The College was founded in 1863 by a group
of prominent local businessmen and industrialists, most of
who were associated with the Queen Street Congregational Church.
Their aim was the provision of a school with a Free Church
atmosphere, at a time when the Church of England almost entirely
dominated the few educational institutions then in existence.
A splendid Georgian, four bedroom house, described as a ‘gentleman’s
residence’ was purchased for £3,700, situated
in what has subsequently become known as College Road, set
in 6.5 acres of grounds- useful for future building expansion.
So in August that year the first boys moved in (all boarders),
the Headmaster, the Rev.Robert Halley MA, his wife and a cow
which was kept in order to supply the school with fresh milk.
During that first year a single building, now the tuck shop,
but originally the gymnasium, was erected.
By 1865 numbers had risen to 38 boys and the school’s
directors and shareholders decided to build what is today,
the boys’ Boarding House, domestic / ancillary quarters,
surgery and sick bays, kitchen and dining room, the chapel
The caretaker’s lodge was added in 1867 followed by
the swimming pool – one of the country’s first
heated pools - in 1870.
In 1943 Florence Thorneycroft sold Tettenhall Towers, part
of the Thorneycroft estate adjoining the school, to the Governors
of Tettenhall College for £15,100.
In addition to the Towers building, there was a stable block
(now the Sixth Form Centre and changing rooms),the Gatehouse
and 26.5 acres of grounds. It was widely believed that Miss
Florence wished the property to become part of the College.
In 1946, work on levelling the newly-acquired playing fields,
which were until then sloping meadows, began in earnest.
It was an Old Tettenhallian, Fred Yorath, with his bulldozers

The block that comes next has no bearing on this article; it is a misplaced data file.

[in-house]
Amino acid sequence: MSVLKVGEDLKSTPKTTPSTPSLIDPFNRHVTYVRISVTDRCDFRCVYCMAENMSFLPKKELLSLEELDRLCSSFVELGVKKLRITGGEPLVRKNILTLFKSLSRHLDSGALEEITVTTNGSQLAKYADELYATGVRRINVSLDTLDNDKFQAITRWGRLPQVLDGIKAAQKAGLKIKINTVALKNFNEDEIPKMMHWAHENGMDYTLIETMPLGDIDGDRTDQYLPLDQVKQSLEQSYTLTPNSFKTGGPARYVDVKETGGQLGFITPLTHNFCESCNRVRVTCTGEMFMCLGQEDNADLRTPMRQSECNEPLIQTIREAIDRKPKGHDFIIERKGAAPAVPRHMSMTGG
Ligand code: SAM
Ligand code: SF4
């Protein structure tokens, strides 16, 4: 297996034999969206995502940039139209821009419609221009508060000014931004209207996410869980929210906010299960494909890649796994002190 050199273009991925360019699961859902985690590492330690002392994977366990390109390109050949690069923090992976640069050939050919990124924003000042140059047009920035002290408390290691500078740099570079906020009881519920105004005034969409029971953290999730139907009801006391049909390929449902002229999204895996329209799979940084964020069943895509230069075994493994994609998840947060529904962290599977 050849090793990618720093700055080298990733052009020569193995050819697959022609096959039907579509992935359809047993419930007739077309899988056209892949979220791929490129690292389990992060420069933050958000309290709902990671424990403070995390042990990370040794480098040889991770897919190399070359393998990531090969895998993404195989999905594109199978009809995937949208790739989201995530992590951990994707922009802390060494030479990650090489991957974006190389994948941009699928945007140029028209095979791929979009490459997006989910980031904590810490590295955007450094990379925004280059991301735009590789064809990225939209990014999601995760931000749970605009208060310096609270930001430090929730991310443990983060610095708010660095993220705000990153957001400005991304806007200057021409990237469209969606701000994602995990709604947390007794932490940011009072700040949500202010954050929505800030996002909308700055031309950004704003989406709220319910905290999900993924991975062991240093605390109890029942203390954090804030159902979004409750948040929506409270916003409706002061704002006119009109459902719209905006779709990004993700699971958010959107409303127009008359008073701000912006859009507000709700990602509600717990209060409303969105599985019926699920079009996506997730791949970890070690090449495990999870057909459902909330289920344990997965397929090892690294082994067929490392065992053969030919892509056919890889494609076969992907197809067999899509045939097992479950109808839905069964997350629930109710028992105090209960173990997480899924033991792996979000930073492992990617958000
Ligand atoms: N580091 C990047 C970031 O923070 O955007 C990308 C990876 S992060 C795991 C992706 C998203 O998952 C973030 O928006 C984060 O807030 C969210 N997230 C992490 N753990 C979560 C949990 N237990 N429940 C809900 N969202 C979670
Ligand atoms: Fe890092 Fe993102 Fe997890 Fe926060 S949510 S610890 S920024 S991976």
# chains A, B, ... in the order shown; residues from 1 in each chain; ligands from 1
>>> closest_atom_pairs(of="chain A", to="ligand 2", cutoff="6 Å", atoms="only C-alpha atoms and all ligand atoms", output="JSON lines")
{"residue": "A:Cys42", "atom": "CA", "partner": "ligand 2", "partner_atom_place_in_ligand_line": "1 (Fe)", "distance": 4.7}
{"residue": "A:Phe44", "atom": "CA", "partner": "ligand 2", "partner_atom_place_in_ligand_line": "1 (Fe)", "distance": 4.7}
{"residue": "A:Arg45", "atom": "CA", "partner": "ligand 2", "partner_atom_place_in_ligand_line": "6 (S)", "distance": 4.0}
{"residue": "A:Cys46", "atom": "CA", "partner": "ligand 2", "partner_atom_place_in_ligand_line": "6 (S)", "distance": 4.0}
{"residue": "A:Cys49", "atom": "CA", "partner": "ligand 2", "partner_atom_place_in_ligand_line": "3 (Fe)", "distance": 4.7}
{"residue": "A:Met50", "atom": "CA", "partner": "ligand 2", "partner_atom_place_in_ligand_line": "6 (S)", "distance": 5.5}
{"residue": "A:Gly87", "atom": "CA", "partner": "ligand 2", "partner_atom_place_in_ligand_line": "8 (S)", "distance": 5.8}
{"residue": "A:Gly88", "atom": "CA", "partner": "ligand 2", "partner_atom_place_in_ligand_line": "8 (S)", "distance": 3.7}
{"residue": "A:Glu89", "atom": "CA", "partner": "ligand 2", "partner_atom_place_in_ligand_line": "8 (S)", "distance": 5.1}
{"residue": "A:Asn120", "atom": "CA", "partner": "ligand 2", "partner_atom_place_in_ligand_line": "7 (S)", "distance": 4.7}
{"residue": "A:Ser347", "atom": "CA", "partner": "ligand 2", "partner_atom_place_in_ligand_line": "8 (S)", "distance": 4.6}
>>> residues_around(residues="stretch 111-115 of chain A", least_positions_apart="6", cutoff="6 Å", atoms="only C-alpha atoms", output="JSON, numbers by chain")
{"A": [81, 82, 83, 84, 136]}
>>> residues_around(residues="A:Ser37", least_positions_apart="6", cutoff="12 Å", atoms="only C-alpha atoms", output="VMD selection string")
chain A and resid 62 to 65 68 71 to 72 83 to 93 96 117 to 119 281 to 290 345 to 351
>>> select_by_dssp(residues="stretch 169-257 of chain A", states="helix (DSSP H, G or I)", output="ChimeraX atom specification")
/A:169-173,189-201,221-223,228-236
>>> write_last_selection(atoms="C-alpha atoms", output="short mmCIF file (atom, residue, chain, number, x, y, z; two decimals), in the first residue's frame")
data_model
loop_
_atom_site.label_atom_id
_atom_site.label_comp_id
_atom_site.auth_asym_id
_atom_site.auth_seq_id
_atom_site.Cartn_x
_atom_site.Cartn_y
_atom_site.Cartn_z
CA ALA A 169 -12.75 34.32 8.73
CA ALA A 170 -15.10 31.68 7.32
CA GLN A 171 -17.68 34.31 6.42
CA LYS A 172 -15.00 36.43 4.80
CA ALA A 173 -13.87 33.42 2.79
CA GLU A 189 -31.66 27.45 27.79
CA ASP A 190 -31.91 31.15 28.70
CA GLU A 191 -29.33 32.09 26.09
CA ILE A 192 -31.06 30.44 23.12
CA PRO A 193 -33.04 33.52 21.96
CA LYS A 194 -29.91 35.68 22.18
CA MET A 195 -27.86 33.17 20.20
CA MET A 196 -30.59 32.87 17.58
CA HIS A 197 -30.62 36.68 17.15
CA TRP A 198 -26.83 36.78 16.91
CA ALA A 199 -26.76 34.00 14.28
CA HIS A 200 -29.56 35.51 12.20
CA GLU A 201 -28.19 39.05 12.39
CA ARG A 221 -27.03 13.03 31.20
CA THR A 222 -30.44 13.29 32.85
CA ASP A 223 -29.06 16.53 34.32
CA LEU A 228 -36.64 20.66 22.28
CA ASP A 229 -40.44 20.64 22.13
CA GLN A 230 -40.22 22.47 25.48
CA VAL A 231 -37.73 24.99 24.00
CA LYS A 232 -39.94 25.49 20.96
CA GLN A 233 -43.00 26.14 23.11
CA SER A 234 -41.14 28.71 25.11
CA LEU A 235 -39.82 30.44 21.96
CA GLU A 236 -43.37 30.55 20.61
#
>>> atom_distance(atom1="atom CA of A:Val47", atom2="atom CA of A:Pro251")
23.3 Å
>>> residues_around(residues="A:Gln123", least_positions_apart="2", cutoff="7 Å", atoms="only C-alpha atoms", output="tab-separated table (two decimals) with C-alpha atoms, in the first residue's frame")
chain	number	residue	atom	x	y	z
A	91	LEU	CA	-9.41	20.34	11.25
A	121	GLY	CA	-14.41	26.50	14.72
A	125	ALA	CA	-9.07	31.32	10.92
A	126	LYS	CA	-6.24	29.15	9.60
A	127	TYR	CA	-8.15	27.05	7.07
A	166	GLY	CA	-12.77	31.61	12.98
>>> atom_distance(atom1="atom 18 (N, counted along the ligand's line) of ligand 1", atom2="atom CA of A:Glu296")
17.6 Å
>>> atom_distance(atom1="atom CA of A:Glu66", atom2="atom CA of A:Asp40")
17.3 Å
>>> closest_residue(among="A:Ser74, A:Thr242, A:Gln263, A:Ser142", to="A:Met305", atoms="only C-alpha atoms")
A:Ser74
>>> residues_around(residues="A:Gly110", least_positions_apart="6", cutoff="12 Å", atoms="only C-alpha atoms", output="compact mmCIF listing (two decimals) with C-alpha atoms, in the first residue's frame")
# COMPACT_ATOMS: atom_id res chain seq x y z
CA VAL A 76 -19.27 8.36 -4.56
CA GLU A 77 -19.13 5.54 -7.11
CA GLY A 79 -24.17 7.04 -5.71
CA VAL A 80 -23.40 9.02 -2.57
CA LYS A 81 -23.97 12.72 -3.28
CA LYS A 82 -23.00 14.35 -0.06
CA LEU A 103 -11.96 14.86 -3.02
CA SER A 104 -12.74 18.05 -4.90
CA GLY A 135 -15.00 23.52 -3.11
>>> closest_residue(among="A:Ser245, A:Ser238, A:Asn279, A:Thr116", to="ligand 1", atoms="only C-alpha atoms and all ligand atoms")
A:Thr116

(ex American World War 2 machines), who levelled the sloping
meadows, cutting into the tree line, which then extended in
places down as far as the cricket squares.
Old Tettenhallians of the 46/47 vintage never fail to relate
the ordeal of enforced stone picking – the whole school
was conscripted into this monumental task. Fred Yorath also
designed the Horace Pearson memorial pavilion opened in 1953,
but destroyed by a fallen tree in 2000.
During 1953, the much needed and long-awaited building expansion
programme began – the first for nearly ninety years!
The first part of the Maurice Jacks block opened in 1954
with a single storey administration suite and classrooms 1-5.
(Mr. M L Jacks was Chairman of the Governing Body at the time.)
Also during 1953, the field at the rear of the Boarding House
was asphalted and altered to two levels- modern day needs
have resulted in the top half becoming a car park.
In 1958, the science block - considered state of the art
at the time - was opened by the Chief Assessor, Sir Graham
Savage. 1958 also saw the demolition of the wall between the
tuck shop and the fives court. Evolving safety procedures
demanded access to the rear of the boys’ Boarding House.
1960 witnessed the linking of the initial stage of the Jacks
Block and the Science Block, by means of a newly constructed
biology lab and two further classrooms (Numbers 1 and 2).
The Geography room was added in 1968 and finally, in 1974,
the upper storey.
An area of waste ground to the rear of the Towers was utilised
in 1978 for the siting of the squash courts and for several
years in succession our girls’ team were the National
During the autumn term of 1983, the Sports Hall was opened
(the girls’ changing rooms attached to the rear of the
hall were built in 1993).
The school became fully co-educational in 1983. Thorneycroft
House, the purpose built Girls’ Boarding House was opened
in 1990. Following this in 1993, Garden House in College Road
was purchased for use as a boarding house for younger girls;
it is now the residence of the Cochrane family.
Next > In
The Main Building & Playground
The Dining Hall
Pavillion & Scoring Board
A Games Room
War Memorial Playing Fields
The Headmasters House & Studies